Palm Coast UMC youth tackle homelessness with ‘stoplight bags’Missions and Outreach Social Justice
Chances are you’ve seen homeless men and women panhandling at intersections across the area. Maybe you’ve handed out change or bottles of water, or maybe you’ve wanted to reach out but have not known exactly what to do.
The youth at Palm Coast United Methodist Church are on a mission to fix that.
For the fourth consecutive year, young people ranging from middle schoolers to college students still home on break, have packed dozens of “stoplight bags” for the men, women, and children living on the streets.
To fill the bags, the youth group solicits donations of undergarments, socks, trial-size toiletries, water, lip balm and fun-size snacks from the Palm Coast UMC congregation.
“Then what we do is take everything that has been donated and create an assembly line and pack it into Ziplock gallon bags,” said Lee Thornton, director of youth and adult education.
The end result is a tangible and useful collection of items that can be immensely helpful to someone living on the streets.
This year, on Jan. 12, the group spent the afternoon compiling 88 bags that were distributed to various organizations serving the homeless across Flagler County. Many of the bags were provided to officials who will soon conduct the annual point-in-time count of the area homeless population.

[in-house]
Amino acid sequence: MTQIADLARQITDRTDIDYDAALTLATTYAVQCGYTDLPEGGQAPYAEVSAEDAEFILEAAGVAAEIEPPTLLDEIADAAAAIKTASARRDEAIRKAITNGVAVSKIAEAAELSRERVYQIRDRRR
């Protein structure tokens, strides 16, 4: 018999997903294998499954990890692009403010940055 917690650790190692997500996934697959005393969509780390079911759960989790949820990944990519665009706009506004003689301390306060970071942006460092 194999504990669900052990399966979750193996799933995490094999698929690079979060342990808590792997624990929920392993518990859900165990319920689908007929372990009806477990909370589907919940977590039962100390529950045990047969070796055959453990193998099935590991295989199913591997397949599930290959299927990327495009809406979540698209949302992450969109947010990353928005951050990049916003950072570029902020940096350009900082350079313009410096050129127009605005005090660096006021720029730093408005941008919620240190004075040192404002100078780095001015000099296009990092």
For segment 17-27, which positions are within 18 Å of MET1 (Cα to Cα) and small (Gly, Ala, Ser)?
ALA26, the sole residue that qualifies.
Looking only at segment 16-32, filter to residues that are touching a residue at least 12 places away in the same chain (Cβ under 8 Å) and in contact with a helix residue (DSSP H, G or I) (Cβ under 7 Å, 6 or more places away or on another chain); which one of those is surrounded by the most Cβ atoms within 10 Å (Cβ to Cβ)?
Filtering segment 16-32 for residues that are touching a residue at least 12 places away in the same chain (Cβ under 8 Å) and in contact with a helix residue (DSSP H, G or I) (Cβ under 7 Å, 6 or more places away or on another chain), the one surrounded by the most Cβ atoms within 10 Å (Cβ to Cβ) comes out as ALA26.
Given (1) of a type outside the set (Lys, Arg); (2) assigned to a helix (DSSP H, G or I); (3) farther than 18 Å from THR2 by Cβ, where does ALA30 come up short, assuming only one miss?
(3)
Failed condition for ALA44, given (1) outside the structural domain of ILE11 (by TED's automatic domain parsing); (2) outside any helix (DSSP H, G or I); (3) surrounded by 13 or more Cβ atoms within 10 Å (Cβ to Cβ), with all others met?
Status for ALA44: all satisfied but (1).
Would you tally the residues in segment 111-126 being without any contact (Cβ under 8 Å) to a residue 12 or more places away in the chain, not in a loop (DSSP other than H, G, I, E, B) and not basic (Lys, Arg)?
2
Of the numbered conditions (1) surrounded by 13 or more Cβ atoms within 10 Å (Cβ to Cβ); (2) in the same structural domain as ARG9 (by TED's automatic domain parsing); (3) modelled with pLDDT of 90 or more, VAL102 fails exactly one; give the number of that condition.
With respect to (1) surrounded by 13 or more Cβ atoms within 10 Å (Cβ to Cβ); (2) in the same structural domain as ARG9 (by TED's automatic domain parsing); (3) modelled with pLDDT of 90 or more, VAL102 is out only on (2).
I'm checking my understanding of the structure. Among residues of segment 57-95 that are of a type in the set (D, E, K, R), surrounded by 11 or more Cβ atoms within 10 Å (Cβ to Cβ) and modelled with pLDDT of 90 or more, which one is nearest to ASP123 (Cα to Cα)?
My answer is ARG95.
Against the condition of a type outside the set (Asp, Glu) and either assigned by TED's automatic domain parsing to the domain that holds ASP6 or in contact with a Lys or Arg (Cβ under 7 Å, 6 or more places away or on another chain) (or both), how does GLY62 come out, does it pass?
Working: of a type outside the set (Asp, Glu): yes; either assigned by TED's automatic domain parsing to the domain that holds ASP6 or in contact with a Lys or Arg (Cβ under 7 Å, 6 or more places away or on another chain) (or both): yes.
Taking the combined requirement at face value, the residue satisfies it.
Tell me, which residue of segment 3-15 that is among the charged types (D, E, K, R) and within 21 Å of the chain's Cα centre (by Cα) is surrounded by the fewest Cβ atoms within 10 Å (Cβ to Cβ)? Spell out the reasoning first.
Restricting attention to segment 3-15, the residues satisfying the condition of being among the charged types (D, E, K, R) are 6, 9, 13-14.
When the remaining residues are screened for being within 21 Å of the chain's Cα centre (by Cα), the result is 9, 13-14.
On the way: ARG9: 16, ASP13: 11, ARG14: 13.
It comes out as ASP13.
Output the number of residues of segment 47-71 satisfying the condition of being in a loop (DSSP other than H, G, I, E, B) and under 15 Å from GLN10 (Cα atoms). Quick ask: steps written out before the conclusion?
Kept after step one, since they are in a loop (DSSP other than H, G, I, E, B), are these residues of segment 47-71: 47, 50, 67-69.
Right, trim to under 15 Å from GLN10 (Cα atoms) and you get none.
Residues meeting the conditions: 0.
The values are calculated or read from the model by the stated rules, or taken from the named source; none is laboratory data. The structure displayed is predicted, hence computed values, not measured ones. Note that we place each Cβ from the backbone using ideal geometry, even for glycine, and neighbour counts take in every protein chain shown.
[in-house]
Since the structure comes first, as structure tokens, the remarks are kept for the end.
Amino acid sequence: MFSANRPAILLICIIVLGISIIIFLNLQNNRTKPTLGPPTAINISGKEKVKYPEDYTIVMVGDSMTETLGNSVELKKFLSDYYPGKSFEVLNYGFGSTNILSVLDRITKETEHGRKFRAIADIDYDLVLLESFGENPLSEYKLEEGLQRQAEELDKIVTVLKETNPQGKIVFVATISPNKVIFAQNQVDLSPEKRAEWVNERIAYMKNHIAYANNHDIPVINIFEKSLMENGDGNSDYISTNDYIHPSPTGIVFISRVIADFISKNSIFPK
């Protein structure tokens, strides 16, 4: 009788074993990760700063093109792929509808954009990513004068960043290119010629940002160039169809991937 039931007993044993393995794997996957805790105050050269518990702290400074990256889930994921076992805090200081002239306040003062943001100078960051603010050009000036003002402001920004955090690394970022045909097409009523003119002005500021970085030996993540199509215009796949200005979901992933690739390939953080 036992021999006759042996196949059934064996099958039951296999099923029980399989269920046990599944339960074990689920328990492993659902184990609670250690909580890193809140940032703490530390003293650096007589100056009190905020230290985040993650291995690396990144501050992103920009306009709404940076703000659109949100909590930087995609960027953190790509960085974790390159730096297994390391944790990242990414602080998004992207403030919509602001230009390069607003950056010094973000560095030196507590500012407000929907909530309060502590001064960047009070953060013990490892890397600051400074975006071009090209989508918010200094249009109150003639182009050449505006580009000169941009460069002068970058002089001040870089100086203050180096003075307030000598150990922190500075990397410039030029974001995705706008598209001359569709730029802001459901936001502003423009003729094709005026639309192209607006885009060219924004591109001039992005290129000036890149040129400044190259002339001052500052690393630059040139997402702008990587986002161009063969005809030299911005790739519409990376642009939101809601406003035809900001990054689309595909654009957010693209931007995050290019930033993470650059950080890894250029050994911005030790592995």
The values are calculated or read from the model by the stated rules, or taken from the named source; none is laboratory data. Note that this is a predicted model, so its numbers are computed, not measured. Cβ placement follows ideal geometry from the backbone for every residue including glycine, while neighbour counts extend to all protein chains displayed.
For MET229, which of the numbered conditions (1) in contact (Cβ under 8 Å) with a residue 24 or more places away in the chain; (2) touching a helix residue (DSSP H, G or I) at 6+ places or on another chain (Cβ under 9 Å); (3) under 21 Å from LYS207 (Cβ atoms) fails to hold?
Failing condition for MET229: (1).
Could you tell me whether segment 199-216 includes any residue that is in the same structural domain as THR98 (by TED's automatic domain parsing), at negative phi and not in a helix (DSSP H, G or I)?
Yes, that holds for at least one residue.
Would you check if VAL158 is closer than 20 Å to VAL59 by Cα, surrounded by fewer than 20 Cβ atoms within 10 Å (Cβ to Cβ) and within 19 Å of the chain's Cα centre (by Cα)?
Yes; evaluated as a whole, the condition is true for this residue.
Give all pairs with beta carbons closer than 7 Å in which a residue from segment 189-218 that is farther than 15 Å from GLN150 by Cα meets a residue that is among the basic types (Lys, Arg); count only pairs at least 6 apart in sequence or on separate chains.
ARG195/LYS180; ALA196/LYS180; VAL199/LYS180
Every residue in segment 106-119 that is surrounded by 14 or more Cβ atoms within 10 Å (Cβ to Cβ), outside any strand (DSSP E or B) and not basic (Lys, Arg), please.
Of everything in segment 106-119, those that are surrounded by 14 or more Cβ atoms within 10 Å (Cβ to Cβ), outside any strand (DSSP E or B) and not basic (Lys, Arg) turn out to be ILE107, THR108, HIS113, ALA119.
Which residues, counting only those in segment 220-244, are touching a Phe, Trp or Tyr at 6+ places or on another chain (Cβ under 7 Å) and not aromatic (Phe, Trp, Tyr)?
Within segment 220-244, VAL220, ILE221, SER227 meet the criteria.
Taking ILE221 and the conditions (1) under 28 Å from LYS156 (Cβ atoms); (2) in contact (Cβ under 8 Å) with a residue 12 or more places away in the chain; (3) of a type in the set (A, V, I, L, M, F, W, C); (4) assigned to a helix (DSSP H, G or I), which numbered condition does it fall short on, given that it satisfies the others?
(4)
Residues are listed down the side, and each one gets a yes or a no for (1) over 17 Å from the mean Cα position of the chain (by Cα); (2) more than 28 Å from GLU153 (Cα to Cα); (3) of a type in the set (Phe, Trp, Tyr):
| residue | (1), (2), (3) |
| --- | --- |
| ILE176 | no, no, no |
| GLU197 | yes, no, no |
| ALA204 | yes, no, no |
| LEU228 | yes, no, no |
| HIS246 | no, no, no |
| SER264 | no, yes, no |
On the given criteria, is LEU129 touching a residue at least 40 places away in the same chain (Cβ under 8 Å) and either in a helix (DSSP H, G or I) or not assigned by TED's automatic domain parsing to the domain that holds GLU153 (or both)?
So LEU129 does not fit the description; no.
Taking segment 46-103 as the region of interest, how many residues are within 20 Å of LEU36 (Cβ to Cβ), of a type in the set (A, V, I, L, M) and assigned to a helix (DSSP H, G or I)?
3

The Sheltering Tree in Bunnell, a nonprofit that serves the poor and homeless, also received bags. Some of the stoplight bags were also kept at Palm Coast UMC to be distributed during Our Father’s Table dinner held every Saturday night for the homeless.
“There’s obviously a great need,” Thornton said. “It’s a big problem in Palm Coast.”
The 2019 annual point-in-time count required by the U.S. Department of Housing and Urban Development found that the number of homeless people in Flagler County had more than doubled since 2018, jumping from 62 to 130.
Across Flagler and Volusia counties, an estimated 700 people on any given day experience homelessness, according to the Volusia-Flagler County Coalition for the Homeless.
The VFCCH is recruiting volunteers to help conduct the 2020 point-in-time count on Jan. 23-24.
For Thornton’s youth group, taking the time to compile the stoplight bags has served as an important life lesson and given them the chance to do their part to meet the needs of the homeless.
“To raise awareness,” she said. “To teach them how to be an active member of the community. … To teach them that they’re not entitled. This could happen to anybody. It’s a big problem, and they’re going to the be next generation to deal with it.”
Thornton said the kids are learning that their efforts on a single issue can ultimately make a significant impact on an entire group of people.
“It’s really opened their eyes,” she said. “It’s amazing to see how much it means to them to put the bags together. And to hear their prayers. We pray over the bags, and we pray for the people who will receive them.”
--Kari C. Barlow is a freelance writer based in Pensacola.